Three novels, banned as “indecent, lewd and obscene” in the late 1950s and early 1960s, that sent booksellers to jail for selling them and led to landmark U.S. Supreme Court cases… and that are tame by today’s standards.
DESIGN FOR DEBAUCHERY by March Hastings
Originally published under the title Fear of Incest in 1960, and later retitled for a subsequent release. The book was one of 12 by March Hastings that were deemed “unmailable” by the US Postal Services, which called the books “obscene, lewd, lascivious and indecent.” For selling copies of this book, Samuel Dodd Williamson, a Los Angeles bookseller, was arrested, jailed and fined for criminal obscenity, a case that went all the way to the U.S. Supreme Court, who upheld the conviction.
The novel is about a family with wealth, prestige and the stature befitting their heritage. Yet beneath the veneer of respectability, smoldered a hidden evil. Why was the father so intent on securing the seduction of his own son? Why did the hauntingly beautiful Robin have a look of fear in her eyes?
TWISTED LOVE by Mark Tryon
Previously published as Sweeter Than Life and The Twisted Loves of Nym O’Sullivan. In 1953, undercover police officers in Los Angeles bought a copy of Sweeter Than Life from bookseller Eleazar Smith, charging him with obscenity. He was tried and found guilty. He appealed the case to the U.S. Supreme Court, which ruled in Smith’s favor. The court didn’t rule on the issue of whether Tryon’s book was obscene… rather they argued the ordinance made booksellers criminally liable for selling and stocking “obscene” books on their shelves, without proof the bookseller knew anything about the content of the books. The court decided this violated the due process clause of the 14th amendment.
Nym was so beautiful that she could have any man she wanted… if she’d wanted a man. The shocking story of a woman who hated men and used her body to lure them to disaster…while seducing women to satisfy her own carnal desires. A banned classic, back in print for the first time in sixty years!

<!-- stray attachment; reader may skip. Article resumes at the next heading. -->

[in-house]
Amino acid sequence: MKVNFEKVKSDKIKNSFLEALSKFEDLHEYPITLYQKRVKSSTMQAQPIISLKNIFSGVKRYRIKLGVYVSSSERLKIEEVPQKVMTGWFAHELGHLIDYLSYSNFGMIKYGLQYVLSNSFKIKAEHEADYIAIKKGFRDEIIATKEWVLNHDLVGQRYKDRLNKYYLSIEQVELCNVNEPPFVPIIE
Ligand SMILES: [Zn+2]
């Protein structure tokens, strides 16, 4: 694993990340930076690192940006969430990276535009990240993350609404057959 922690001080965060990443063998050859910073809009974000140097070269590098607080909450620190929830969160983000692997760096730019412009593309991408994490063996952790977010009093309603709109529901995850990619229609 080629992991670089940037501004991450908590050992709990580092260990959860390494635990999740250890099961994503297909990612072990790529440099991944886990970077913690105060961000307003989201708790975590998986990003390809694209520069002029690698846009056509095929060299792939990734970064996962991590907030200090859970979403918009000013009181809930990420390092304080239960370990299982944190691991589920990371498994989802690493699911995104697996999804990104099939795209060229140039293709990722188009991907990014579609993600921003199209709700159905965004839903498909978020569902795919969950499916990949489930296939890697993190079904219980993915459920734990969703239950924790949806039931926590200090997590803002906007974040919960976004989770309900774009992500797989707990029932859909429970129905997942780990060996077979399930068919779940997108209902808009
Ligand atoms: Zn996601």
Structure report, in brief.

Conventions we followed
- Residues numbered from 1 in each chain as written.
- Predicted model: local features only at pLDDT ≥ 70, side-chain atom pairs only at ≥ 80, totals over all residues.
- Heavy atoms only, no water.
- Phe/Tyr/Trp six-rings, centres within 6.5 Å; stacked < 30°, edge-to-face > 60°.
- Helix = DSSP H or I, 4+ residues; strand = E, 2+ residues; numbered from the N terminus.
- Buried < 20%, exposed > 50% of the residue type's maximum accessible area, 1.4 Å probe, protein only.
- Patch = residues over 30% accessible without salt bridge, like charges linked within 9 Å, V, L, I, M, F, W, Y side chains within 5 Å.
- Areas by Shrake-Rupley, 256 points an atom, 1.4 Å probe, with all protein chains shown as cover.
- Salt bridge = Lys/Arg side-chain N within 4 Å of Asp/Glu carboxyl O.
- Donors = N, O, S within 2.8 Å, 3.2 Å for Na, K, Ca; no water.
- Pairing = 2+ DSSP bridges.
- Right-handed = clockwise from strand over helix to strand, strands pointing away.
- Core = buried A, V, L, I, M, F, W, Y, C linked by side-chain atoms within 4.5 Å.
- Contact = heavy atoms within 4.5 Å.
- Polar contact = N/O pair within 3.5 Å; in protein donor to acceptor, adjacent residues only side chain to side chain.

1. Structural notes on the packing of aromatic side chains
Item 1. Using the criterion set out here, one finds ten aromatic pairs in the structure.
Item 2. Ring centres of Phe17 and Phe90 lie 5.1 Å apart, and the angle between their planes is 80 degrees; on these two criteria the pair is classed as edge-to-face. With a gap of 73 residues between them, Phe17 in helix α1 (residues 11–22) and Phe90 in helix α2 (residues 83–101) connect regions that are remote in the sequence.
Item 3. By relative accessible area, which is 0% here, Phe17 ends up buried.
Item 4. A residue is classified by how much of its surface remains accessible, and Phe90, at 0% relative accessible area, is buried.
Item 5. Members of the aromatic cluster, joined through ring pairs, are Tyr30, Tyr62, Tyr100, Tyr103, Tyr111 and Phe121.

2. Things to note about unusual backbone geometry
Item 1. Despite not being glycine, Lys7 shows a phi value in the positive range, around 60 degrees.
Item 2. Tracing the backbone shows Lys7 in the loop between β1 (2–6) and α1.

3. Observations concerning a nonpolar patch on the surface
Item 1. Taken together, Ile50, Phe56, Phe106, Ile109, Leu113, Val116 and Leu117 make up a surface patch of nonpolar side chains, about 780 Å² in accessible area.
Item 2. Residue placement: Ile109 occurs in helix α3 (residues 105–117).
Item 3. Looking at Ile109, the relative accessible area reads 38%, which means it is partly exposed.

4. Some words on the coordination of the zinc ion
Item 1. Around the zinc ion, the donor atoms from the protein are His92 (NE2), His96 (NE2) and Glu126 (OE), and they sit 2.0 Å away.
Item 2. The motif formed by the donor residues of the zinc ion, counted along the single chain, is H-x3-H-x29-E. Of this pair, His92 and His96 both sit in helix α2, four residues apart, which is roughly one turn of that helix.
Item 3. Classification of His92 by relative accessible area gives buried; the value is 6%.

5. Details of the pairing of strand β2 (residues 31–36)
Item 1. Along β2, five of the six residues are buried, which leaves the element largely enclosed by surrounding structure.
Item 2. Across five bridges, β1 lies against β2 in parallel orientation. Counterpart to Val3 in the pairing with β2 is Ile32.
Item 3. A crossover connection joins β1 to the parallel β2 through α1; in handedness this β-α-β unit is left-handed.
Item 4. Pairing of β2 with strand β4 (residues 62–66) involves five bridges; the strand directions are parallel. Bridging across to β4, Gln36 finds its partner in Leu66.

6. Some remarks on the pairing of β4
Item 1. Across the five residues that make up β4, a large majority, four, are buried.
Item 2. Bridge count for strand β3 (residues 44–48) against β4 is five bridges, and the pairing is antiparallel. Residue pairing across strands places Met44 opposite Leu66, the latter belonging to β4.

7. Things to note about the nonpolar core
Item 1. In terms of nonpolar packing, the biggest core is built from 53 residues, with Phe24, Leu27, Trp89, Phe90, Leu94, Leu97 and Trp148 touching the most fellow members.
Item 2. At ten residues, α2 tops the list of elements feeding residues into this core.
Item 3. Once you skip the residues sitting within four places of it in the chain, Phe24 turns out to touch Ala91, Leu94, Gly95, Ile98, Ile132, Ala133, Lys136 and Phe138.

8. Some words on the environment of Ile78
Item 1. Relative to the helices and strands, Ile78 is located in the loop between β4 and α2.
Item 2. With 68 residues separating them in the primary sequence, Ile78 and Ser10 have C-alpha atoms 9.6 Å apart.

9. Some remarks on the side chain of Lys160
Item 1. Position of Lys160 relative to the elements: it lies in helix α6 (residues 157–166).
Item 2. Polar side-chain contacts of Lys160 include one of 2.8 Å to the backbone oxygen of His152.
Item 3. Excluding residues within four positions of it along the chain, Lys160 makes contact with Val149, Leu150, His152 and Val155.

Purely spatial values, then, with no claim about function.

Nym O’Sullivan, the daughter of a lesbian, grew up hating men. But she’s far too sexy a woman to avoid their attentions, and one even forces her into marriage. In revenge, she makes him a slave to her incredible body…using him, taking what he has, then laughing at his ruination. And with that same, beautiful body, she lures her young lover, Johnny Martel, into a scheme to destroy him and reward her with vast wealth.
At the same time, Nym seduces women, innocent girls like Lynn Rawlins, a little blonde who will never be the same after her careesses…
But will it all come crashing down on Nym?
VEIL OF TORMENT by March Hastings
This lesbian pulp classic was banned, deemed “unmailable” by the U.S. Postal Services, in 1960 and rated “indecent” in the U.S.A and Canada by the National Organization for Decent Literature. Now back in print for the first time in over sixty years.
Her blood raced, her body pulsed, her desire was a thing of madness.
There’s the Ivy Sherwood the public knew: the actress, the glamorous, beautiful darling of the stage, living a storybook life of champagne and roses with her glittering future ahead of her.
And then there’s Ivy off-stage, away from family and friends, prowling the streets, hardly recognizable without make-up, her eyes shining with tension and craving, picking up any stranger, going into any dingy bedroom.
She’s running furiously through her days, seeking escape, needing release, fighting the passionate demon which lives inside her, torturing her, wildly demanding more liquor, more men, more women, anything to sate her uncontrollable sexual desire.
Also published as The Sherwood Scandal.